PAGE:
Ethics of failure and the rule of transparency

Benedict Evan’s outstanding recent post “In praise of failure” pointedly demonstrates how startups and venture work: a few big successes making up for many failures (and some middling outcomes). This is like no other business – imagine a world where Fortune 1000 companies posted for Senior Directors of Operations who are “right at least 50% of the time”.  Startups are as much or more about failure than success… and so startup ethics are too.

downloadWhile the power law of venture is well understood, ethics in the context of this asymmetry are much less discussed. The basic business code of ethics that we learn in our early careers is designed for the established company, the going concern. Is it any different for startups? Recent fraud and ethics accusations about Theranos and UBeam, Penny Kim’s recent expose of startup employee scamming, as well as a few positive recent experiences got me thinking about this. Lots of startups spend time outlining their values (a critical exercise), but few explicitly consider ethics in this exercise. They go hand in hand.

The rote modern core of business ethics says when working with customers, employees and investors alike:

  • do what you say you’re going to do
  • communicate directly
  • be honest; don’t steal
  • be diverse and embrace diversity
  • don’t break the law
  • do no harm to the external world (society, environment, etc)

These seem good and obvious, but ethics are not about the 95% of unethical situations that are black and white – stealing from the till, sexual harassment in the workplace, swiping confidential information – they are about the gray areas: (1) promising something to a customer you think you have a 50% chance of delivering on-time, (2) influencing a customer RFP process outside of the rules, (3) signing up for a competitor’s account or demo, or (4) not telling your employees you only have 9 months of cash left (how about 6 or 3?). These situations come up in Fortune 1000 companies, but slower growth trajectories, established products, hierarchical command/control, and years of established process reduce the frequency and breadth of the gray area. Not so in startups. The two common themes that permeate these examples are an asymmetry in risk consciousness (as in (1) and (4), you are aware of risks that others aren’t) or hidden conflicts of interest as in the case of the customer RFP.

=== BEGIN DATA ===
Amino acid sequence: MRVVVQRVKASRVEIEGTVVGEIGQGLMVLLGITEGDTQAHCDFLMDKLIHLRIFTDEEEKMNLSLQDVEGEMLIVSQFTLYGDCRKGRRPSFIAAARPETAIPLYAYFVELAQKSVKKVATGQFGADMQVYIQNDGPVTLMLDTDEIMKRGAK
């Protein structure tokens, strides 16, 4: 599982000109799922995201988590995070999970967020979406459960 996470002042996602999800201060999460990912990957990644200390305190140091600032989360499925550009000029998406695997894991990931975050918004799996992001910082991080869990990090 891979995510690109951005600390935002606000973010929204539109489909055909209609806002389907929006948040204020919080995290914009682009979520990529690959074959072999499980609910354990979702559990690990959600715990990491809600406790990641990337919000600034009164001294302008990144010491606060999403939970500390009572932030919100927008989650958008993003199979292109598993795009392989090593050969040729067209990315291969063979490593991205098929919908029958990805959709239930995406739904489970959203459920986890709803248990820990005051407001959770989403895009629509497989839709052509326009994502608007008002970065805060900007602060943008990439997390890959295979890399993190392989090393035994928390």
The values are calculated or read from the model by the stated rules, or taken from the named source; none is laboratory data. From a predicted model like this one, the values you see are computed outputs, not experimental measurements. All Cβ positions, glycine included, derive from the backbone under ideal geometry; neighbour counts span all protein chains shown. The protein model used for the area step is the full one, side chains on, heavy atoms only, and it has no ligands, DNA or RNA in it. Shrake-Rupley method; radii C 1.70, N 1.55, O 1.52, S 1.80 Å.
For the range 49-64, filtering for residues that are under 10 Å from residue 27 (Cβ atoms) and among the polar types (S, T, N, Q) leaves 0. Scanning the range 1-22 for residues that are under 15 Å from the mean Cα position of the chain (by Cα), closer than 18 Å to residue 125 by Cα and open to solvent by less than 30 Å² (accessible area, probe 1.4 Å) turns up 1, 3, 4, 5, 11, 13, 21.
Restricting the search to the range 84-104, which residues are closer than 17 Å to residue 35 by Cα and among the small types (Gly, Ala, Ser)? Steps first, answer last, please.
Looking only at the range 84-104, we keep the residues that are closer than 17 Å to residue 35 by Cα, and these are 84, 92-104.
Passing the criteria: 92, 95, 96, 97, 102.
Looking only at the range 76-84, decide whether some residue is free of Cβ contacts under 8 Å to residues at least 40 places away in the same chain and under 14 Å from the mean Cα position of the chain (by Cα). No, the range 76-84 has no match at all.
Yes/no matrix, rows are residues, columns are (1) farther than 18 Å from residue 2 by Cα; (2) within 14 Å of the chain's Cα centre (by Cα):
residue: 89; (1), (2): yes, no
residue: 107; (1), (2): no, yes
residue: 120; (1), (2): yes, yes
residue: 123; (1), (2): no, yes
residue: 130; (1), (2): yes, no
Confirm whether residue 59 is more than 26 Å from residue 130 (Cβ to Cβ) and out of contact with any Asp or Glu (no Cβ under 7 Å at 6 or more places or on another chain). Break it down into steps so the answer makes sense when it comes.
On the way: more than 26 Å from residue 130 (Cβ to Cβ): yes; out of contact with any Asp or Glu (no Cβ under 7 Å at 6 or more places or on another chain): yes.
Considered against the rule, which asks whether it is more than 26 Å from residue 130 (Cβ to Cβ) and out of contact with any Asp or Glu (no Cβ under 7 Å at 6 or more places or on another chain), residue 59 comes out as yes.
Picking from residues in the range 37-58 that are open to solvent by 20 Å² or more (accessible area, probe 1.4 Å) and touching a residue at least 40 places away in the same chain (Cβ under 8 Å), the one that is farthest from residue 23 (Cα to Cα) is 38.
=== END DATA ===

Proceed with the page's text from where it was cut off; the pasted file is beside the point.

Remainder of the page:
If I polled 100 startup founders and VCs on each of the four gray areas above, I would expect a lot of disagreement over what is ethical and what is not. Okay, I did, and here’s what they said:


Here is the thing about gray areas – there isn’t a right answer. I certainly have my opinions and offer some guidelines below, but I know startups that operate consistently on either sides of these ethical dilemmas. Given the “front page of the newspaper” rule, tracking on one side or  the other is not just a question of preference, but also a question of how much risk a startup takes. Within a startup and across its employees, approach should be consistent as to what path a company takes – the high road, or the less-high road. An ethically lower-risk organization is only as pure as its weakest link; conversely, if you decide to take the less-high road, you’ll need to find employees who are comfortable with that added risk. My view: it’s best to avoid the gray areas with transparency.

Avoiding ethics gray areas with “the rule of transparency”

I think about startup ethics along their three main constituencies: customers, employees and investors. The rule of transparency is simple; being transparent with these groups tends to resolve conflicts of interest and risk asymmetries that create ethical gray areas.

Transparency solves almost every ethical issue with investors and employees. When you take on new investors, make sure they know the risks of startups, and then communicate, communicate, communicate as you go. Few who understand the risks up front – and who are kept informed along the way – will fault you for bad news you’ve warned them about. Experienced angels and VCs know what they’re getting into, but the rub can be with “friends and family”. They may not understand the true level of risk at a startup. Think twice about having Uncle Joe or Aunt Marge on the cap table unless they’ve done a lot of startup investing before.